BHP on Wednesday warned that its flagship Australian iron ore business faced headwinds due to next month’s proposed easing of border restrictions imposed to curb the coronavirus pandemic.
The warning came in a quarterly production report in which the miner cut guidance for its coking coal division, due to worker absenteeism caused by the Omicron variant.
“The proposed easing of Western Australia’s border restrictions … may introduce some short-term disruption to the operating environment as the Covid-19 pandemic evolves in the state,” BHP said.
Western Australia has maintained a hard line on border controls throughout the pandemic.
Low infection rates have allowed BHP, Rio Tinto and Fortescue Metals Group to keep running their mines at maximum output. However, it has also led to problems flying in skilled workers from eastern states because of travel restrictions.
Strong Finish to 2021
BHP’s iron ore business finished strongly in 2021, shipping at an annualised rate of 295m tonnes in the three months to December 31.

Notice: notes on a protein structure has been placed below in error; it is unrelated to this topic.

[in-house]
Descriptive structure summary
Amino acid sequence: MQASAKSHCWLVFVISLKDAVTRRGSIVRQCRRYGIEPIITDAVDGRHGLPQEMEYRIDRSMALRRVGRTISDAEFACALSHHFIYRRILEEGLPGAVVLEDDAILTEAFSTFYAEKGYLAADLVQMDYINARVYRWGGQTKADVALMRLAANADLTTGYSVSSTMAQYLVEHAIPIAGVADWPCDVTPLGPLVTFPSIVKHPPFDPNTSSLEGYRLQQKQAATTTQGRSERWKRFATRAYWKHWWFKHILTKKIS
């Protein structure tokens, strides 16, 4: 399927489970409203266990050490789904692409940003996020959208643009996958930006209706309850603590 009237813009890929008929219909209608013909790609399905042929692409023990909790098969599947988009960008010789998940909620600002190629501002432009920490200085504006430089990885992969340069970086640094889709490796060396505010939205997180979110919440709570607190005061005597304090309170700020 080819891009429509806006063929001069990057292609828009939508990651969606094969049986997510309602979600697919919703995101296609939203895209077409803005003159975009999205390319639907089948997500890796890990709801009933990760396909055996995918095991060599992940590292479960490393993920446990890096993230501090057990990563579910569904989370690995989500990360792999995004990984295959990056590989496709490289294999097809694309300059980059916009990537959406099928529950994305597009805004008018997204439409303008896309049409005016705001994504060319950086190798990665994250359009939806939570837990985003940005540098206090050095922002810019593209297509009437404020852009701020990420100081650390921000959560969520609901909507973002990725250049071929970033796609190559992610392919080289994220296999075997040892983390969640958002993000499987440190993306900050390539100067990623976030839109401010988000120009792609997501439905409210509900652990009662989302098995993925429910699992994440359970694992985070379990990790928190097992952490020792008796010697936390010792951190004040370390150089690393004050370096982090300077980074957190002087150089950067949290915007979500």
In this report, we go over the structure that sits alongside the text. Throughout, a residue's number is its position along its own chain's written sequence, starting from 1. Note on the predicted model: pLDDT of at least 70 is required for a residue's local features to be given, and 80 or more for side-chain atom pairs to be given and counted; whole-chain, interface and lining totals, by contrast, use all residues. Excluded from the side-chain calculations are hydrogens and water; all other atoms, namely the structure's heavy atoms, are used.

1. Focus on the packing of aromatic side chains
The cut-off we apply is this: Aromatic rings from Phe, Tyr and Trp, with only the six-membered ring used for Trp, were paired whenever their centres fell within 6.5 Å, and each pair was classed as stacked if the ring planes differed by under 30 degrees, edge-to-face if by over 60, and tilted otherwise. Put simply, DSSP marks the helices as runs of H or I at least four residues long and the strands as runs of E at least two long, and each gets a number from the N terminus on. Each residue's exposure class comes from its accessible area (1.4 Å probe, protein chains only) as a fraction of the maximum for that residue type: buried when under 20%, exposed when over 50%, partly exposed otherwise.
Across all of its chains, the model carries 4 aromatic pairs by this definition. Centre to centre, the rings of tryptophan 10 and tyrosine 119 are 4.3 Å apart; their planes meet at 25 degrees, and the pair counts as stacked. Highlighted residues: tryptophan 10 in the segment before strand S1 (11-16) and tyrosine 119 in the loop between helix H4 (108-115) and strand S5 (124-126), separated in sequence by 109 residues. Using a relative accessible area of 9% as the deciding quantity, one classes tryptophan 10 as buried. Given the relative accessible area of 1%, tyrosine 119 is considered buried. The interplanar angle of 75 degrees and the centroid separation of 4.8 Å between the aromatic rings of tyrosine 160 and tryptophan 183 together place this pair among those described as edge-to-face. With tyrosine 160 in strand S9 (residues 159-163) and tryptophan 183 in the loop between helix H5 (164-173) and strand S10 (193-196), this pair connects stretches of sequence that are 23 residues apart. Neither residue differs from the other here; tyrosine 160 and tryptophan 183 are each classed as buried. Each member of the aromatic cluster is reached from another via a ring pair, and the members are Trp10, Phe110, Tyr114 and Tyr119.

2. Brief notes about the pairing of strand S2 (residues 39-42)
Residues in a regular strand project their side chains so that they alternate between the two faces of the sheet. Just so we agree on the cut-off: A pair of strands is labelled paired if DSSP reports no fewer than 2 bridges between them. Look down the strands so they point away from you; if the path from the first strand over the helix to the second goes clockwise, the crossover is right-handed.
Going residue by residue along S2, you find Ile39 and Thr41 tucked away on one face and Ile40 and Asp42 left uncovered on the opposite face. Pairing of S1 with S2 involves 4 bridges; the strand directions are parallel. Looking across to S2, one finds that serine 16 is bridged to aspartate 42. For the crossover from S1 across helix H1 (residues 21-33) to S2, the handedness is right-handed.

However, copper production is trending towards the low end of the guidance range, reflecting lower production at the Pampa Norte operations in Chile.
Metallurgical coal guidance has been reduced as a result of “significant wet weather impacts and Covid-19 related labour constraints,” it added.
BHP plans to this year divest its lower grade coal operations, such as through the Cerrejón sale to Glencore and an exit from BHP Mitsui Coal.
Later this week, BHP shareholders will vote on plans to collapse its dual-listed corporate structure in London and Australia and move its main stock market listing to Sydney. The proposal is likely to be approved, according to analysts.
Timeline Pushed Back
BHP’s review follows that of Rio Tinto, its Anglo-Australian rival, released on Tuesday.
Rio Tinto has pushed back the timeline for production from its new lithium mine in Serbia until 2027 because of slow progress in obtaining licences.
The miner said it had been forced to revise the development timelines for the Jadar mine because of delays securing a prerequisite to publish the environmental impact assessment.
“We fully understand the concerns among some Serbian stakeholders about environmental impacts and we will continue to engage to demonstrate the project has developed mitigation solutions,” the company said.
Rio also said it was rebuilding relations with traditional landowners in Western Australia following the company’s destruction of a 46,000-year-old sacred Aboriginal heritage site in 2020.
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